a. 1 (context of persons English) Of the same kin; related by blood. 2 {{context|often|followed by (term to English)|lang=en}} allied by nature; similar; partaking of the same properties; of the same kind.

  1. adj. similar or related in quality or character; "a feeling akin to terror"; "kindred souls"; "the amateur is closely related to the collector" [syn: akin(p), kindred, related]

  2. related by blood [syn: akin(p), blood-related, cognate, consanguine, consanguineous, kin(p)]


Akin may refer to:

Akin (surname)

Akin is a surname. Notable people with the surname include:

  • Albert J. Akin (1803–1903), American banker and philanthropist who funded the Akin Free Library
  • Asım Akin (born 1940), Turkish physician
  • Bob Akin (born 1936), American sports commentator, executive, and auto racer
  • Daniel L. Akin (born 1957), American theologian and educator
  • David Akin, Canadian journalist
  • Edward C. Akin (1852-1936), American politician
  • Henry Akin (born 1944), American basketball player
  • Harold Akin (born 1945), American football player
  • Ian Akin (born 1959), American comic artist
  • James Akin (artist) (ca.1773-1846), American political cartoonist
  • James Patrick Akin (born 1966), American educator and writer
  • Jon Akin (born 1977), American soccer player
  • Len Akin (1916 – 1987), American National Football League player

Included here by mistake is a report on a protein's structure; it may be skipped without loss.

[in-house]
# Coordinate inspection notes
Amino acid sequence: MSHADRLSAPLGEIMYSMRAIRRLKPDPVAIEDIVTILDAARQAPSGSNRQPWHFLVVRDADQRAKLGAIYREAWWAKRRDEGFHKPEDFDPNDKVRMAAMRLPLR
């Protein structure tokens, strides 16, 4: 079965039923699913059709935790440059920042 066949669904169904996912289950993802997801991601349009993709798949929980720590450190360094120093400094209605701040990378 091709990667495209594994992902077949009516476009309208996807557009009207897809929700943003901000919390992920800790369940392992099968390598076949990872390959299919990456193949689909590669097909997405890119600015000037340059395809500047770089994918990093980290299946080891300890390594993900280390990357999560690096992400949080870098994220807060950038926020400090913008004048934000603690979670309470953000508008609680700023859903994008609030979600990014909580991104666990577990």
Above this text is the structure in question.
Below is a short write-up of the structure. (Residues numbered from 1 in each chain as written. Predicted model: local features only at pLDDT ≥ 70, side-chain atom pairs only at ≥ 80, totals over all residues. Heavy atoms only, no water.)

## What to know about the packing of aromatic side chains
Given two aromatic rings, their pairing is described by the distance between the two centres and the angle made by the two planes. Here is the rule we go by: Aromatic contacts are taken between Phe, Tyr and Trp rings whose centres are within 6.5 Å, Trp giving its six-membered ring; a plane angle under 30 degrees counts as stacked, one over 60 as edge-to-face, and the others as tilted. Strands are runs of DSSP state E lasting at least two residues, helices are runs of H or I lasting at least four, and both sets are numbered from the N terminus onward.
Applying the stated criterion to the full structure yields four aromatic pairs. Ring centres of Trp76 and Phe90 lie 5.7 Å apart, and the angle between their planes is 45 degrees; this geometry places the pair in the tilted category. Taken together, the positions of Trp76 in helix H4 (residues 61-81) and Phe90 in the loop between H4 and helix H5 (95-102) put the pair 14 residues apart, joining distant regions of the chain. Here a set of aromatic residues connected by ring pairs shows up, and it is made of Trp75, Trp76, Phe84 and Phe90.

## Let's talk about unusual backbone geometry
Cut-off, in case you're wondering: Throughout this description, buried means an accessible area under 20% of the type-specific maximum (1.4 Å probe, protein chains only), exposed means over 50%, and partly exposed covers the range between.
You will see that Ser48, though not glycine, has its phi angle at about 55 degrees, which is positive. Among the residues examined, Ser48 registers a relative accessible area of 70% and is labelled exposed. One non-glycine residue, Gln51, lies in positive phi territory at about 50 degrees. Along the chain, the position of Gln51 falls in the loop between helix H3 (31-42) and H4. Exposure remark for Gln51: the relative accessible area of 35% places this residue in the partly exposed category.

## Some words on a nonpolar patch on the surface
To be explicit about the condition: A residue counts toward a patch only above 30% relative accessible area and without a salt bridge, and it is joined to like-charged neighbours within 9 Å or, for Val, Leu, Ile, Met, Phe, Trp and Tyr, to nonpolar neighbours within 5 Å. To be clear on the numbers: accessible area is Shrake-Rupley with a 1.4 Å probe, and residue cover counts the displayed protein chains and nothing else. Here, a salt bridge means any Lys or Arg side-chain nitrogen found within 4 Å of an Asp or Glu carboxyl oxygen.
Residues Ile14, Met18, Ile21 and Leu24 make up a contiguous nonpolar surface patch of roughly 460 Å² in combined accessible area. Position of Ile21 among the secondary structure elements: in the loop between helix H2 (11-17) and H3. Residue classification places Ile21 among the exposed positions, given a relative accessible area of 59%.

• Philip Akin (born 1950), Canadian actor
  • Susan Akin (born 1965), American beauty pageant titleholder
  • Theron Akin (1855 – 1933), U.S. Representative from New York
  • Todd Akin (born 1947), U.S. Republican politician from Missouri
  • Warren Akin, Sr. (1811 – 1877), Confederate politician
Akin (given name)

Akin is a given name. Notable people with the name include:

  • Akin Akingbala (born 1983), Nigerian professional basketball player
  • Akin Akinsehinde (born 1976), Nigerian footballer
  • Akin Birdal (born 1948), Turkish politician
  • Akin Düzakin (born 1961), Turkish -Norwegian illustrator and children's author
  • Akin Euba (born 1935), Nigerian composer, musicologist, and pianist
  • Akin Fakeye (born 1936), Nigerian craftsman
  • Akin Gazi (born 1981), British actor of Turkish Cypriot descent